In the late 90’s Covidien set itself apart from other hernia mesh manufacturers and gained a foothold in the market by focusing primarily on creating hernia meshes out of polyester instead of polypropylene. However, by the early 2000’s Covidien faced two challenges in maintaining its market share. First, Covidien’s polyester mesh was more difficult for surgeons to handle than the feasible available alternative hernia meshes. Second, the manufacturers of polypropylene based hernia meshes had started applying coatings to their meshes so that they could be inserted easily via laparoscopic surgeries and placed close to the bowel. Covidien then added a thin collagen film to the Parietex and called the new mesh the Parietex Composite. The collagen film improved handling of the Parietex Composite, but failed miserably at protecting a patient’s bowel from the polyester. After implantation, the collagen film quickly disintegrates and exposes bare polyester to any underlying organs. Infections and dense adhesions to the bowel resulting in bowel obstructions are common with the Parietex Composite. No human trials were conducted with the Parietex Composite before it was sold. Learn more at our Parietex Composite Lawsuit page.

Parietex ProGrip

Covidien continued to be plagued by its polyester based hernia meshes tearing on tacks and sutures, because polyester meshes contract. The underlying problem with the Parietex mesh line is that it contracts, not that it tears on sutures and tacks. The Parietex tearing is a result of the mesh contracting. Covidien should have recalled the entire Parietex mesh line, because there is nothing that can be done to fix the underlying defect of the Parietex shrinking over time. However, Covidien decided they could continue making money on the Parietex mesh line if they fixed the “problem” of the mesh tearing on tacks or sutures. Covidien’s patchwork solution was to attach thousands of “micro-grips” to the polyester to create the Parietex ProGrip. While Covidien’s solution does alleviate the need to use sutures or tacks, it doesn’t solve the underlying problem of mesh contraction. The Parietex ProGrip’s 5,000 Velcro-like micro-grips all hook securely into a patient’s underlying tissue. If 5,000 micro-grips in the groin isn’t painful enough, the Parietex will then start to contract, pulling and stretching the underlying tissue from 5,000 points of attachment. The pain is absolutely debilitating. Oh, and here’s there kicker, it’s attached in 5,000 spots so it’s nearly impossible to remove. To explant the ProGrip, it has to be cut out in little pieces along with all the underlying tissue. It typically takes several operations just to get a majority of the ProGrip removed. No human trials were conducted with the Parietex ProGrip before it was sold. Learn more at our Parietex ProGrip Lawsuit page.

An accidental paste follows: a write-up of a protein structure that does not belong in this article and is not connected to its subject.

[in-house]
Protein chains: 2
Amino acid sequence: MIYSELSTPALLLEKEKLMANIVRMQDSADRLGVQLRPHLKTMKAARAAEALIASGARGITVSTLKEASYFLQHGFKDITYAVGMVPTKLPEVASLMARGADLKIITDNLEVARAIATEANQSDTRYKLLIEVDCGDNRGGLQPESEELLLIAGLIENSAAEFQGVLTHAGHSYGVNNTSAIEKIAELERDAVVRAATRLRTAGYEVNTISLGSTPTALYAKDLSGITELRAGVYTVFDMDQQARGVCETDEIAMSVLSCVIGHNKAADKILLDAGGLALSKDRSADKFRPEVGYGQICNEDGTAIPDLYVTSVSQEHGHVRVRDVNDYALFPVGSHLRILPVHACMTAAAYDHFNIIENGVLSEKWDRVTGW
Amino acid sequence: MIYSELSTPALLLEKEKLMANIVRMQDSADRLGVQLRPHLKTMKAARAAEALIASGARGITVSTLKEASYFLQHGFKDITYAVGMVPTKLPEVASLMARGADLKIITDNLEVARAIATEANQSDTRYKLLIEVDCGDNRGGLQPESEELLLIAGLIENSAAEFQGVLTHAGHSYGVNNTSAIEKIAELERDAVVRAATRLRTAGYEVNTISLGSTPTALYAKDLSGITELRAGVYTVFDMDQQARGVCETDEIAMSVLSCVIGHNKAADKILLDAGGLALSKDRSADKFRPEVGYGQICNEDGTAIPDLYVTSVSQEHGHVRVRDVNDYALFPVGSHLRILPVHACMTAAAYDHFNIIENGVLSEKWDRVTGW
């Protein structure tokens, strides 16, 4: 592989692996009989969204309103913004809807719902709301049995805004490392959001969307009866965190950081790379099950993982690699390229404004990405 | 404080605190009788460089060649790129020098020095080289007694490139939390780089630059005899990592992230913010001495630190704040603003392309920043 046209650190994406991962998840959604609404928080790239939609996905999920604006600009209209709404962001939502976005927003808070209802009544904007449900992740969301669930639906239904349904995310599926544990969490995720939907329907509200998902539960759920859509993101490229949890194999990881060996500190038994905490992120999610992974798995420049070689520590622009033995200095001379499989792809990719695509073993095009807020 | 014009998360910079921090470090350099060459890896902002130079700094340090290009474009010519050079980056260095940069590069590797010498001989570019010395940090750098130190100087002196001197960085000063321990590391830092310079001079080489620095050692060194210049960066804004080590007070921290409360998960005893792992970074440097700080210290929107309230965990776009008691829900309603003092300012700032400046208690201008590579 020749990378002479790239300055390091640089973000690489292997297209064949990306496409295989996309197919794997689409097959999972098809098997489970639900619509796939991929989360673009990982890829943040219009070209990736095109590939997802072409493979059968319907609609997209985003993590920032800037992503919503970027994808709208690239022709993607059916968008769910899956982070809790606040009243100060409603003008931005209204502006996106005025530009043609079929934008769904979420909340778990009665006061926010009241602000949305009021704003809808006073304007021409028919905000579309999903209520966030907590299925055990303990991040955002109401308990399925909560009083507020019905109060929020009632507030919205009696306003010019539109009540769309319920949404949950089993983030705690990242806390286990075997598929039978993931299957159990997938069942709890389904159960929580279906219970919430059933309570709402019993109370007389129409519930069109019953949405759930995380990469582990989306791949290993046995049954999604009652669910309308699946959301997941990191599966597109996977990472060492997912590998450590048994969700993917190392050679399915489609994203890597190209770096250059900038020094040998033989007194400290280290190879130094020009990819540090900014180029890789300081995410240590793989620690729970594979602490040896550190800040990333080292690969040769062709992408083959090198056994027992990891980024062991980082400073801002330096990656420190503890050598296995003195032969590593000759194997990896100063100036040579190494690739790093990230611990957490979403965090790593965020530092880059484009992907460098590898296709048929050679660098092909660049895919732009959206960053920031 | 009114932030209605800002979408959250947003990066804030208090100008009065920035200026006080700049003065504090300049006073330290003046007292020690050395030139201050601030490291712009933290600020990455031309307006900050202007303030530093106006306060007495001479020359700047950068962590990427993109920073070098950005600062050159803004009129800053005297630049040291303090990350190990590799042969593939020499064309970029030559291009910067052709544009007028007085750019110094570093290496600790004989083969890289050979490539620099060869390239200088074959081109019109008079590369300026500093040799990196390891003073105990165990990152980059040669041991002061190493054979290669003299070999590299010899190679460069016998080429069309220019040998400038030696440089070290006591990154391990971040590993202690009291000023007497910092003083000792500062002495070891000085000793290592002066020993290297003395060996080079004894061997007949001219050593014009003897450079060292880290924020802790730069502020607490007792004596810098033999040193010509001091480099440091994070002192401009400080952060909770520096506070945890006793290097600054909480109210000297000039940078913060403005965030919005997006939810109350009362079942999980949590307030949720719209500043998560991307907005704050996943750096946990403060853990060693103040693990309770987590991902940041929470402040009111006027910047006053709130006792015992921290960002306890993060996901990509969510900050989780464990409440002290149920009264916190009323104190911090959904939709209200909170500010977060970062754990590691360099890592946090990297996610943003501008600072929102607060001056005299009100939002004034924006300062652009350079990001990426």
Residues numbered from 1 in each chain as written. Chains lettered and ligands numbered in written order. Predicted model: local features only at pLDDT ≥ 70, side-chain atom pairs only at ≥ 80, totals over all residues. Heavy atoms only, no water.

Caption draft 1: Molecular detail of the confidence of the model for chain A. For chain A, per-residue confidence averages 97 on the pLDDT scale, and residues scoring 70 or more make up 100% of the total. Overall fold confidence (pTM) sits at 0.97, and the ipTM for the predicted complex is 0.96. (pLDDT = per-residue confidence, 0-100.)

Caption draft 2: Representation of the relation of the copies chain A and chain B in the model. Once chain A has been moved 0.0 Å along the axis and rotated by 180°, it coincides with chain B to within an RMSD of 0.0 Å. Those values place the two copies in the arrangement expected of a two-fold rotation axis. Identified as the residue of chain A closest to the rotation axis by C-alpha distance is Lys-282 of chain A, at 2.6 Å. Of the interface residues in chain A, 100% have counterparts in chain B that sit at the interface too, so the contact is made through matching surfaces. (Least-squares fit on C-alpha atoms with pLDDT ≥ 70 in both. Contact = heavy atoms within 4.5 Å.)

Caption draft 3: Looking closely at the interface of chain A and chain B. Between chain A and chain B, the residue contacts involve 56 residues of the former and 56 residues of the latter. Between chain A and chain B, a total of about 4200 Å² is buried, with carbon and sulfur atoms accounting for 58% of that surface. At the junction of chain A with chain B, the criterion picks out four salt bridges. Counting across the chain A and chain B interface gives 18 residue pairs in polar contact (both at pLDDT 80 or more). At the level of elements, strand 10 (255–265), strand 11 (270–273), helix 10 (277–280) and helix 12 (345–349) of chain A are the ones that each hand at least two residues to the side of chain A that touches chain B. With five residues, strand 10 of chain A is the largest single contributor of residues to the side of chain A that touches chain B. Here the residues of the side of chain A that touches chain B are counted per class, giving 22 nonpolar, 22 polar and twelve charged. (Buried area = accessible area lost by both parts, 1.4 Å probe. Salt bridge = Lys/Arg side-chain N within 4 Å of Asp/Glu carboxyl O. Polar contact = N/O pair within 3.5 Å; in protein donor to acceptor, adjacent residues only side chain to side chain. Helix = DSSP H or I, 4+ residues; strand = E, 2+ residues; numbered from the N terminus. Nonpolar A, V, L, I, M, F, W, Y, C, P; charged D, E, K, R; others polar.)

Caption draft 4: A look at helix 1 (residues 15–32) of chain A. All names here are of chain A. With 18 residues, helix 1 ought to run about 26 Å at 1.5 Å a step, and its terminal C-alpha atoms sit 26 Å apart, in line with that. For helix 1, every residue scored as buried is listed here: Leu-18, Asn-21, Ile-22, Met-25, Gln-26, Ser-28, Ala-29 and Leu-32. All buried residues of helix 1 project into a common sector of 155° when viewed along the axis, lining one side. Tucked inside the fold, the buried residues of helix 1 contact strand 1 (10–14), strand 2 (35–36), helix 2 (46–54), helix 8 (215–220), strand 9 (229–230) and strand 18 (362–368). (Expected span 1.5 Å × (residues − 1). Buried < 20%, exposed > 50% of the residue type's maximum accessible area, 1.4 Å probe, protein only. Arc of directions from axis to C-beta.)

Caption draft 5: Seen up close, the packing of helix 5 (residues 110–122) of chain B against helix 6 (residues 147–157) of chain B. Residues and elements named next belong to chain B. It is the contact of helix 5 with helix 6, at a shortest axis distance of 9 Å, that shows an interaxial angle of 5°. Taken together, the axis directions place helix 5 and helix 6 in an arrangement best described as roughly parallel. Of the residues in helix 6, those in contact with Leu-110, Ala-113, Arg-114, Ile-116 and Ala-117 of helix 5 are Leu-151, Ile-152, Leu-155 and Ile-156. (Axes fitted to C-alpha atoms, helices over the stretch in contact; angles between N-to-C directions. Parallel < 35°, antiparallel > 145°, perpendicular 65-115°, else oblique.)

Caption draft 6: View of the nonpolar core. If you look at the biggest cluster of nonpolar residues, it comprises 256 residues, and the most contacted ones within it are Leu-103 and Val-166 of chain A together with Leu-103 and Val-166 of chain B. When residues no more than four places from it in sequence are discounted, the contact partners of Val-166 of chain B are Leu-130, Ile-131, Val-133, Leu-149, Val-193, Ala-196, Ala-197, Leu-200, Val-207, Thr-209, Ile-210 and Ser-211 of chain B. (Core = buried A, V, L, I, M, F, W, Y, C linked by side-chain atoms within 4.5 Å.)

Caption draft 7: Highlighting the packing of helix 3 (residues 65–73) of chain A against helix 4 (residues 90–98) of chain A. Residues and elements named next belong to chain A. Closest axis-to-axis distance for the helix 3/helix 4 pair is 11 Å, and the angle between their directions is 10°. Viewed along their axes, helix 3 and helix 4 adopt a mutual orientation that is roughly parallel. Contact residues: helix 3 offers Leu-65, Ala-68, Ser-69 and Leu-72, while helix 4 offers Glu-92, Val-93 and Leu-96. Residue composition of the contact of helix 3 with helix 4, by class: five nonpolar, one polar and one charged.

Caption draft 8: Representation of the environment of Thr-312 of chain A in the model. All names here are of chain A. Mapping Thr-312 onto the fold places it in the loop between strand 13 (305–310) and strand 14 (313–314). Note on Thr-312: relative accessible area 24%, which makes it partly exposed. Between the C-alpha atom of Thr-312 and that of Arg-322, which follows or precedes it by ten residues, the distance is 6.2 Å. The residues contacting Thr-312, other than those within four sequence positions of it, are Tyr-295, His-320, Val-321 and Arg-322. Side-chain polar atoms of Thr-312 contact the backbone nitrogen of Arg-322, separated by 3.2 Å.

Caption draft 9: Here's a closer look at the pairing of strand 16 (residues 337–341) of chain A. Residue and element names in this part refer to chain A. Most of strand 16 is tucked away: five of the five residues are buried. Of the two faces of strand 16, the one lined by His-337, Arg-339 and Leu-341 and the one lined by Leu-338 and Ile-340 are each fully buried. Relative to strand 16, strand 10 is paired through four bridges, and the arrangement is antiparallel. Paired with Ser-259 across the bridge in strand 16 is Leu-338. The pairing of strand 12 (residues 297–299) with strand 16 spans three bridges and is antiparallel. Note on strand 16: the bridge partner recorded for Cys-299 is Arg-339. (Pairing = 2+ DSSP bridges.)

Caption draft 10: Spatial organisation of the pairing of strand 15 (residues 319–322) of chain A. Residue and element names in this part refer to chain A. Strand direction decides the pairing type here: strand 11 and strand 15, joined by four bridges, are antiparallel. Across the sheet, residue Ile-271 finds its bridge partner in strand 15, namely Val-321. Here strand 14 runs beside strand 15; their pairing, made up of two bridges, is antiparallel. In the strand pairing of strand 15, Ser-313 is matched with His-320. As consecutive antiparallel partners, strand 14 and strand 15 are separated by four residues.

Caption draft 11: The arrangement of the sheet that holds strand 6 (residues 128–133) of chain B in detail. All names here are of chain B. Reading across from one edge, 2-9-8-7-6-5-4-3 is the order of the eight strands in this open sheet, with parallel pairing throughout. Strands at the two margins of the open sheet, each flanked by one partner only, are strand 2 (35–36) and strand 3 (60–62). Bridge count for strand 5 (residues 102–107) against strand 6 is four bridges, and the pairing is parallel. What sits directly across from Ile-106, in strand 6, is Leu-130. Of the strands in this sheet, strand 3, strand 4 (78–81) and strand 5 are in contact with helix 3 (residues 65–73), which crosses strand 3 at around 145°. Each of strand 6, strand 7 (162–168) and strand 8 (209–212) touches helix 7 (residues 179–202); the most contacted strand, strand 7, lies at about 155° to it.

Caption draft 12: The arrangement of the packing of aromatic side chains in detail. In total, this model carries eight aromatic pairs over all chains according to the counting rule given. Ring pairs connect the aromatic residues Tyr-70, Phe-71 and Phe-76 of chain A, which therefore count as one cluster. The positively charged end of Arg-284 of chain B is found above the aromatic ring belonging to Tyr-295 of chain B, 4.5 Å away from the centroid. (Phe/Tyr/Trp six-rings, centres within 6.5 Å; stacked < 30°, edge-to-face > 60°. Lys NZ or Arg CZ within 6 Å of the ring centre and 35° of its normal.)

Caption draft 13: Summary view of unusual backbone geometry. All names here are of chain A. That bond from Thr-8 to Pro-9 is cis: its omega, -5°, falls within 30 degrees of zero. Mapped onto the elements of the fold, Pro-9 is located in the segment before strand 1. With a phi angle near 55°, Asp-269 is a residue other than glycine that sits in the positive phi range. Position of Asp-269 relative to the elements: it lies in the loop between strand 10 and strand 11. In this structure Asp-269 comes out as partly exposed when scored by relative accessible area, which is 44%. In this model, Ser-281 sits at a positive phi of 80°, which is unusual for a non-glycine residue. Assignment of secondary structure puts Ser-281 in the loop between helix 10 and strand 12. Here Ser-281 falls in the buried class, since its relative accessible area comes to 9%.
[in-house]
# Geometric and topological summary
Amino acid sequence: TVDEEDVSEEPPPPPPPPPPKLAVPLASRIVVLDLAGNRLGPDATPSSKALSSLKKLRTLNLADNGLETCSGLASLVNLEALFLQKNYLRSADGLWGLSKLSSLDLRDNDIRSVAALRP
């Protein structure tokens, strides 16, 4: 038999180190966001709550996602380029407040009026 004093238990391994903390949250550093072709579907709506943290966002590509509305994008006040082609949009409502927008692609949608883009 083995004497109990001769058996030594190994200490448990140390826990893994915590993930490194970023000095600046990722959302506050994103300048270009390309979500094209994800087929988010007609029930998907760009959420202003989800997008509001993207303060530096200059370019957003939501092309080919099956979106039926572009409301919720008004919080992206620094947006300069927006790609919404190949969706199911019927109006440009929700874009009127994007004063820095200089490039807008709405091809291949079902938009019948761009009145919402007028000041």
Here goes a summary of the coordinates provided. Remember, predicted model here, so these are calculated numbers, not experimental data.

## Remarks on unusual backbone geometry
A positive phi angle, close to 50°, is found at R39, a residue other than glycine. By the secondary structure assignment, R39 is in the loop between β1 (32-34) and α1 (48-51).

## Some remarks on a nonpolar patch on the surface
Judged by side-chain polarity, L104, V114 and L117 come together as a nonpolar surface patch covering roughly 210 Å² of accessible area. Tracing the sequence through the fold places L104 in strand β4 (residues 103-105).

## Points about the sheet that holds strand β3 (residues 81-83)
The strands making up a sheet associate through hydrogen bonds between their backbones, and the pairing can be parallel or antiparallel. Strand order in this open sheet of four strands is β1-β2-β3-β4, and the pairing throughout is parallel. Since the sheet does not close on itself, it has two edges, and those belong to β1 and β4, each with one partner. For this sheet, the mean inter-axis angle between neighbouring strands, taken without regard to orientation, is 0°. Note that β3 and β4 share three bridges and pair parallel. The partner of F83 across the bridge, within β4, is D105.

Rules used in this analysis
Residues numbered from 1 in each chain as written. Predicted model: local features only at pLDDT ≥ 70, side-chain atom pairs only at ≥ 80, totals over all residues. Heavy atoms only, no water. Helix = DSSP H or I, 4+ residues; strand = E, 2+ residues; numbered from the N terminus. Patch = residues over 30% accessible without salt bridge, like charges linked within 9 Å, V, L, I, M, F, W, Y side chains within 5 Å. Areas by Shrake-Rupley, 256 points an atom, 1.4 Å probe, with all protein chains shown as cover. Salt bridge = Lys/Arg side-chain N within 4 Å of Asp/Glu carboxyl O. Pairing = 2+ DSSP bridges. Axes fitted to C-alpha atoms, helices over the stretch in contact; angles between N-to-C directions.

Injuries Related To Product

If you’ve experienced one of the following injuries, you may have a claim in the hernia mesh lawsuit.

  • Severe or chronic pain.
  • Serious infection.
  • Mesh shrinkage.
  • Mesh migration.
  • Organ perforation.
  • Bowel obstruction.
  • Bowel adhesion.
  • Hernia recurrence.

Additional Literature

August 2012

Comparative Analysis of Histopathologic Effects of Synthetic Meshes Based on Material, Weight, and Pore Size in Mice.

The degree to which various synthetic materials resulted in mesh-induced chronic inflammation and scarring was evaluated, because chronic inflammation and scarring can cause chronic pain and limited mobility. The researchers found that “polyester mesh induced the greatest FBR [Foreign Body Response] and lasting chronic inflammatory response.”…Continue

October 2000

Polymers in Hernia Repair – Common Polyester vs. Polypropylene Surgical Meshes.

The tissue and inflammatory response caused by various meshes was compared. The researchers noted that “Mersilene showed an excellent and relatively inert tissue reaction of the interface compared to Prolene and Parietex.”…Continue

April 1998

Long-Term Complications Associated with Prosthetic Repair of Incisional Hernias.

A retrospective study evaluated how various prosthetic materials and implantation techniques influenced long-term complications after hernia repair during the period of 1985 to 1994. The researchers found that “polyester mesh had a significantly higher mean number of complications per patient, a higher incidence of fistula formation, a greater number of infections, and more recurrent hernias than the other materials used. The additional mean length of stay to treat complications was also significantly longer (30 vs 3-7 days) when polyester mesh was used. The deleterious effect of polyester mesh on long-term complications was confirmed on multiple logistic regression.” Additionally, the researchers concluded that “Polyester mesh should no longer be used for incisional hernia repair.” …Continue

Do I Have a Case?

Give us a few details about your concerns and our case tool will help you get the answers you need.

Get Started